Synopses & Reviews
When Richard Nixon signed the Alaska Native Claims Settlement Act in 1971, eighty million acres were flagged as possible national park land. Field expeditions were tasked with recording what was contained in these vast acres. Under this decree, five men were sent into the sprawling, roadless interior of Alaska, unsure of what theyandrsquo;d encounter and ultimately responsible for the fate of four thousand pristine acres.
Life and Times of a Big River follows Peter J. Marchand and his team of biologists as they set out to explore the land that would ultimately become the Yukon-Charley Rivers National Preserve. Their encounters with strange plants, rare insects, and little-known mammals bring to life a land once thought to be static and monotonous. And their struggles to navigate and adapt to an unforgiving environment capture the rigorous demands of remote field work. Weaving in and out ofand#160;Marchandand#39;s narrative is an account of the natural and cultural history of the area as it relates to the expedition and the regionandrsquo;s Native peoples. Life and Times of a Big Riverand#160;chorincles this riveting, one-of-a-kind journey of uncertainty and discovery from a disparate (and at one point desperate) group of biologists.
In his square-sterned canoe, Alaskan author Dan ONeill set off from Dawson, Yukon Territory, onetime site of the Klondike gold rush, to trace the majestic Yukon River. His journey downriver to Circle City, Alaska, is an expedition into the history of the river and its land, and a record of the inimitable and little known inhabitants of the region. With the distinct perspective of an insider, A Land Gone Lonesome gives us an intelligent, rhapsodic-and ultimately, probably the last-portrait of the Yukon and its authentic inhabitants.
In his square-sterned canoe, Alaskan author Dan O'Neill set off down the majestic Yukon River, beginning at Dawson, Yukon Territory, site of the Klondike gold rush. The journey he makes to Circle City, Alaska, is more than a voyage into northern wilderness, it is an expedition into the history of the river and a record of the inimitable inhabitants of the region, historic and contemporary. A literary kin of John Muir's Travels in Alaska and John McPhee's Coming into the Country, A Land Gone Lonesome is the book on Alaska for the new century. Though he treks through a beautiful and hostile wilderness, the heart of O'Neill's story is his exploration of the lives of a few tough souls clinging to the old ways-even as government policies are extinguishing their way of life. More than just colorful anachronisms, these wilderness dwellers-both men and women-are a living archive of North American pioneer values. As O'Neill encounters these natives, he finds himself drawn into the bare-knuckle melodrama of frontier life-and further back still into the very origins of the Yukon river world. With the rare perspective of an insider, O'Neill here gives us an intelligent, lyrical-and ultimately, probably the last-portrait of the river people along the upper Yukon.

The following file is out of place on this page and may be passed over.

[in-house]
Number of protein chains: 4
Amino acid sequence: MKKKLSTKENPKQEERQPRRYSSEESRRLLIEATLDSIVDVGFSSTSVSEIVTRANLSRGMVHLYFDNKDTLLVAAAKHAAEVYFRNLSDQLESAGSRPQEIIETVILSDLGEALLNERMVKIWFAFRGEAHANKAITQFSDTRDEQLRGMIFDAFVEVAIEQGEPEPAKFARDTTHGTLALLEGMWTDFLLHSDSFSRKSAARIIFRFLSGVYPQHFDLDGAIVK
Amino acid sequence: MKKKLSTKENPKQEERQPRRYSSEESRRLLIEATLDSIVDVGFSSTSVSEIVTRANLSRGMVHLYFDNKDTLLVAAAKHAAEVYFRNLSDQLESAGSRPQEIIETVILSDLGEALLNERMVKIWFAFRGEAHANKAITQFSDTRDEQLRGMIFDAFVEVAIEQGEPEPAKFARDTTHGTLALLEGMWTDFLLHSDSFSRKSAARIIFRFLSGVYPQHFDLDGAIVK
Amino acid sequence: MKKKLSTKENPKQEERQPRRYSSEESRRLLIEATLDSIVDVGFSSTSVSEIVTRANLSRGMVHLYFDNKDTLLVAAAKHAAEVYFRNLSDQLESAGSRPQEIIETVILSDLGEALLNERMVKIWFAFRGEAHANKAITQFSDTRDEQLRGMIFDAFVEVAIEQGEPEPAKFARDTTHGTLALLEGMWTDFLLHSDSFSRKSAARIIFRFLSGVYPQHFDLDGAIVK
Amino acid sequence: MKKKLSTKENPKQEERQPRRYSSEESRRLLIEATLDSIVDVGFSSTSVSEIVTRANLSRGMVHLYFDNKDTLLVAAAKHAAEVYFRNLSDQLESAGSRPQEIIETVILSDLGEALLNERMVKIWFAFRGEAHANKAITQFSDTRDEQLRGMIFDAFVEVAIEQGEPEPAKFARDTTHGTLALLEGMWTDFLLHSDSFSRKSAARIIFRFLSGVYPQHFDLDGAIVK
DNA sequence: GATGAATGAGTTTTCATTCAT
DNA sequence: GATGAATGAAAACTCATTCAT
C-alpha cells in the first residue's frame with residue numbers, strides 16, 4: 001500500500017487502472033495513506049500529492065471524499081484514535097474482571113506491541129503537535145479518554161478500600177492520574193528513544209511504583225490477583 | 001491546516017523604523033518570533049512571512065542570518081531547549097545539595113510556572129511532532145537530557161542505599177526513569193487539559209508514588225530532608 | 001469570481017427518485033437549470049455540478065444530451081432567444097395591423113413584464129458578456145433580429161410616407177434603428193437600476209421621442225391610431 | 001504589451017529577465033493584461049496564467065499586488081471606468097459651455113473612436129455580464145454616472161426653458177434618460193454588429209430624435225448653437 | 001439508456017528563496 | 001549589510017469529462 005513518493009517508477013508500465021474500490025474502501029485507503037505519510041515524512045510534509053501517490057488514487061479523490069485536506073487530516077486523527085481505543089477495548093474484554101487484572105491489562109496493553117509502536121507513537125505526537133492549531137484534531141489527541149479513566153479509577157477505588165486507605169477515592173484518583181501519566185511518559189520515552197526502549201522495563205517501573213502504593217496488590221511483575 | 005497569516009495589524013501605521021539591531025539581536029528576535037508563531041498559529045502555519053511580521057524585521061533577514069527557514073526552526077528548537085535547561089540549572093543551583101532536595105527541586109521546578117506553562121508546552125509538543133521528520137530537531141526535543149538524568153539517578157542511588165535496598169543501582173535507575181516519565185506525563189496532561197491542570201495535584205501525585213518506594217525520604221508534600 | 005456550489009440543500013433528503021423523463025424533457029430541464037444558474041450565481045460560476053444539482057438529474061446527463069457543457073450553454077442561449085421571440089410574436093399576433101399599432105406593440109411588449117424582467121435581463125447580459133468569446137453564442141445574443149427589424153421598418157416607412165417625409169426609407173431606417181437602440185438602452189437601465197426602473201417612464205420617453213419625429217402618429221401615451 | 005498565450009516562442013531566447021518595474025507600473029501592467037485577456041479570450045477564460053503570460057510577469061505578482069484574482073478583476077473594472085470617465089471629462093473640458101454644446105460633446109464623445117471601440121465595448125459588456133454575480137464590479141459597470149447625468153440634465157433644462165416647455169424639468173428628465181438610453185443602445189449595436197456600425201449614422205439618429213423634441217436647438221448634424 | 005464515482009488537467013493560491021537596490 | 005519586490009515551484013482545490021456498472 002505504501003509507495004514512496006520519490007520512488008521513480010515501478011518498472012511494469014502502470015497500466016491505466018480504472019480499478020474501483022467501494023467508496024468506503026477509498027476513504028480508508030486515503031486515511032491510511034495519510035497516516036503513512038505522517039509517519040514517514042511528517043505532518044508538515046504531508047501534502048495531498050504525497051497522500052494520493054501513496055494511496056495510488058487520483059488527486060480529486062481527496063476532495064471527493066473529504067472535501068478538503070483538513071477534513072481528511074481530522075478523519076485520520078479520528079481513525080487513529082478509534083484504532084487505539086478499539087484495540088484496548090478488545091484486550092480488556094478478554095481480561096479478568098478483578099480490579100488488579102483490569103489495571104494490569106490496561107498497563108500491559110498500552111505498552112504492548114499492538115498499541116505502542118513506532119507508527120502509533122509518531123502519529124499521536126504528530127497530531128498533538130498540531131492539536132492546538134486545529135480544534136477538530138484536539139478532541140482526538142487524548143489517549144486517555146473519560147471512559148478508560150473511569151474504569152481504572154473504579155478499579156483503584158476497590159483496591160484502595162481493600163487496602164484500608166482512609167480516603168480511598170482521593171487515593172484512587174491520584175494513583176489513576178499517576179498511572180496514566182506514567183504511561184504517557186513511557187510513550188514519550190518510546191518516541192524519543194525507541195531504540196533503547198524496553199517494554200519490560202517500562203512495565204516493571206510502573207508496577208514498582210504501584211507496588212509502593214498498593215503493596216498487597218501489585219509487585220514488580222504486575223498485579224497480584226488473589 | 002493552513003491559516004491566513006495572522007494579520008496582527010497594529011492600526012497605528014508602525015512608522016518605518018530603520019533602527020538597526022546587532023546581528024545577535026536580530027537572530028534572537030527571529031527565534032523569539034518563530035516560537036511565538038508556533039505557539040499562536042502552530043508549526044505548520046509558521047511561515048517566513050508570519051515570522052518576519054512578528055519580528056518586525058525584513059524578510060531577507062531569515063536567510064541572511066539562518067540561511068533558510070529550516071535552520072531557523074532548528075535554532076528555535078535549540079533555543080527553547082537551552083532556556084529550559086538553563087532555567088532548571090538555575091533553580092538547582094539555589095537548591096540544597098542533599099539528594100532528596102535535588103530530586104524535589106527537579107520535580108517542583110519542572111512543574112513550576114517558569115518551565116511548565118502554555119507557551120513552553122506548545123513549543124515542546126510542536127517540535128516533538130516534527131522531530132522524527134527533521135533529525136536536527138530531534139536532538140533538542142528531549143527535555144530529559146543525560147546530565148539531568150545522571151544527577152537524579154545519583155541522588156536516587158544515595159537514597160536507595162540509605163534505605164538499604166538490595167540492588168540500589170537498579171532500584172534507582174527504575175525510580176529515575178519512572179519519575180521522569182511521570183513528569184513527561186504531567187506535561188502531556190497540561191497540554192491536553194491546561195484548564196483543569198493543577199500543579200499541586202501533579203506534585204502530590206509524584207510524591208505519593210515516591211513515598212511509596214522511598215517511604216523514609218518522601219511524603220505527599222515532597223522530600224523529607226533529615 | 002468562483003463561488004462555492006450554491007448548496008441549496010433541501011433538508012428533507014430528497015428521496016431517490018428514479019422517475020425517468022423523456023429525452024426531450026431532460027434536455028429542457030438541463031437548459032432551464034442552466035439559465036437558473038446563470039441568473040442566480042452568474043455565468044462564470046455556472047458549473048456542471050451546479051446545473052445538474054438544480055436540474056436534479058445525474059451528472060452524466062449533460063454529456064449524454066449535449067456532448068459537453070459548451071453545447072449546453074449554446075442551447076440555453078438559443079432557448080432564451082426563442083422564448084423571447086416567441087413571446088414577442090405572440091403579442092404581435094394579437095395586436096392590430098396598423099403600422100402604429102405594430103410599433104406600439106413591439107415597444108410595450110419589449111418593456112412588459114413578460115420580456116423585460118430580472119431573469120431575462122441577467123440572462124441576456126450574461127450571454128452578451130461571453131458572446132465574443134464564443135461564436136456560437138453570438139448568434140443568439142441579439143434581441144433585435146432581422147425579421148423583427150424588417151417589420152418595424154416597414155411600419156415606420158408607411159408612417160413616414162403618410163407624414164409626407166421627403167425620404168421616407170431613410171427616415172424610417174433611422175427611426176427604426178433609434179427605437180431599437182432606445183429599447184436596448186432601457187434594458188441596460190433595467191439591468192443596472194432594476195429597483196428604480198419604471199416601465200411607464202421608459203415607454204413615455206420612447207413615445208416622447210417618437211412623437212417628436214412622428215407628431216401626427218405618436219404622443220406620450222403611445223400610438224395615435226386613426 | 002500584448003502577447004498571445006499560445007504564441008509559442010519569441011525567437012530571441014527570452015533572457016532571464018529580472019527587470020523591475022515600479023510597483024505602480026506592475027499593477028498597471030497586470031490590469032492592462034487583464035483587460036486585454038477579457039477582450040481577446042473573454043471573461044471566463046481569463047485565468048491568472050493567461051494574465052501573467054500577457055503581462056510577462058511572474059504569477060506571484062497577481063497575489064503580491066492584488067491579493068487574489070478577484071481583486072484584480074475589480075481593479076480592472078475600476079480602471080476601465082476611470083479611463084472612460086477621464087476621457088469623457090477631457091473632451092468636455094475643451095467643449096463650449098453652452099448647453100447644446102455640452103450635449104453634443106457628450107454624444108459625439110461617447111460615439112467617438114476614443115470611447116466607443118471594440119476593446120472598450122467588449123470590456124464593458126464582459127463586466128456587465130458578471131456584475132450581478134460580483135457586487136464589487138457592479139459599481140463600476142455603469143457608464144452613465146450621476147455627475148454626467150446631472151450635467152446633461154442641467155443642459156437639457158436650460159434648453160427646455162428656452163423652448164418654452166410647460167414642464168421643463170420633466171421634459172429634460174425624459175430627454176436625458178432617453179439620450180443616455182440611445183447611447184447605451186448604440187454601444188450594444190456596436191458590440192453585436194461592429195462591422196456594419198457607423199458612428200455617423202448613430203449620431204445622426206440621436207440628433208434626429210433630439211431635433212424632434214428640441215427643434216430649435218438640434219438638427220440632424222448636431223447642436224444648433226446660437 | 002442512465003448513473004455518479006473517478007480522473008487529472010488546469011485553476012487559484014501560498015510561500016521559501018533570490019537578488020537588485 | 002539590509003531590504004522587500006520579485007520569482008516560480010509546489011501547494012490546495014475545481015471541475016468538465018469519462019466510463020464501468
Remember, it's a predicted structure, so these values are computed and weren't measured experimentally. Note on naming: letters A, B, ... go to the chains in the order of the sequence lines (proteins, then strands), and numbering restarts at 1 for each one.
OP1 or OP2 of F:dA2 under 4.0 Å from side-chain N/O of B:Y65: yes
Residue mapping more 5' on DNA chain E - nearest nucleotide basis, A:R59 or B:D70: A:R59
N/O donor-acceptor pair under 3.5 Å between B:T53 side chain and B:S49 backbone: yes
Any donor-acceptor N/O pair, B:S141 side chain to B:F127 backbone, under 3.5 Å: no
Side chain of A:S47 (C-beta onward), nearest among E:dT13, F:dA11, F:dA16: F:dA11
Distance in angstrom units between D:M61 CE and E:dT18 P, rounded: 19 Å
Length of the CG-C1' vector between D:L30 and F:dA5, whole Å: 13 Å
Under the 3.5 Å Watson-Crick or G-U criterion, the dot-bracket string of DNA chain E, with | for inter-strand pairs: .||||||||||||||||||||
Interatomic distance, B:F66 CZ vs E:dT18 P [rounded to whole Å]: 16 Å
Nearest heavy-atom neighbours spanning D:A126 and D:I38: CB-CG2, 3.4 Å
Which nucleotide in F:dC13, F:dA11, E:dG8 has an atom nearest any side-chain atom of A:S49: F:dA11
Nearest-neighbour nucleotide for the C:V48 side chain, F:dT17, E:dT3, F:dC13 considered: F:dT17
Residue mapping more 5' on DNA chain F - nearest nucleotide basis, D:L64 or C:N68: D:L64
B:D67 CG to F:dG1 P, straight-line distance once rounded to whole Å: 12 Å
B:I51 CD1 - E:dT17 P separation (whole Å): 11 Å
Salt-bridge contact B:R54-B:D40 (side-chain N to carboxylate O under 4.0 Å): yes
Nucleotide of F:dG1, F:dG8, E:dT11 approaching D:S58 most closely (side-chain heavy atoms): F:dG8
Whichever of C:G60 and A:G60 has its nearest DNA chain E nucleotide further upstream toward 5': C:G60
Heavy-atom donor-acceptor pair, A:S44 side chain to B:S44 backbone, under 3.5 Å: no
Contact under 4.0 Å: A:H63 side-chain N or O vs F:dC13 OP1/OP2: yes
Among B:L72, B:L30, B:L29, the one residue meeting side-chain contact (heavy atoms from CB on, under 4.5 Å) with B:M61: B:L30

An Alaskan author's genuine portrait of the land along the Yukon River
Life and Times of a Big River
weaves together the fascinating cultural and natural history of interior Alaska through the story of a field expedition conducted by 5 biologists in a 4000-square-mile, roadless area of interior Alaska. The expedition was ordered by the United States government following the signing into law of the Alaska Native Claims Settlement Act, and was to help decide the fate of a vast area that would ultimately become the Yukon-Charley Rivers National Preserve.
And yet this is a human story, related through the personal experiencesand#151;the uncertainties, discoveries, accidents, and encounters with othersand#151;recorded by this disparate (and at one point desperate) group of biologists. Weaving in and out of this narrative is an account of the natural and cultural history of the area, told as it related to the expedition and to people living in the bush. The five scientists explore every aspect of the land itself: from fossil tree ferns to rare insects and little-known mammals, deciphering a record of change in a land often thought of as static and monotonous. Against this background the history of both aboriginal and Anglo exploitation and adaptation to a very demanding environment is also told. In the context of the expedition, the natural and cultural history takes on an uncommon relevance and insight.
This expedition may well represent the last of its kind, conducted before the explosion of satellite communications and geographic positioning technology forever changed scientific field work in remote regions.
About the Author
Peter J. Marchand
is a field biologist who studies forest, tundra, and desert landscapes. He is the author of Autumn: A Season of Change
, Nature Guide to the Northern Forest
, Life in the Cold
and The Bare-toed Vaquero
. He lives in Penrose, Colorado.
Table of Contents
Prologue. Traveling heavy
The work of ice * Library in stone * A proposal to blow up Cape Thomspon * Village on the edge of wild
II. Flat Water
Five men and a dog * Dancing forest * Kutchin under siege * Salmon for Swedes
Mosquito wars * Sagebrush saga * Reindeer to the rescue * Bear stories Iandrsquo;d never heard before
Circleandrsquo;s unwelcome committee * A river running slush * Pygmy shrews and a giant club moss * Permafrost permutations
V. Charley River
Lost in the clouds * Searching for Garrett * The high price of squirrel meat * An experiment I never want to repeat
Thieving pikas and singing voles * Fortymile caribou * Tales the three-rings tell * Truth is a chameleon
VII. The Years After
Death without reason * Mother of all summers * Plants on the move * Changing fortunes of moose and men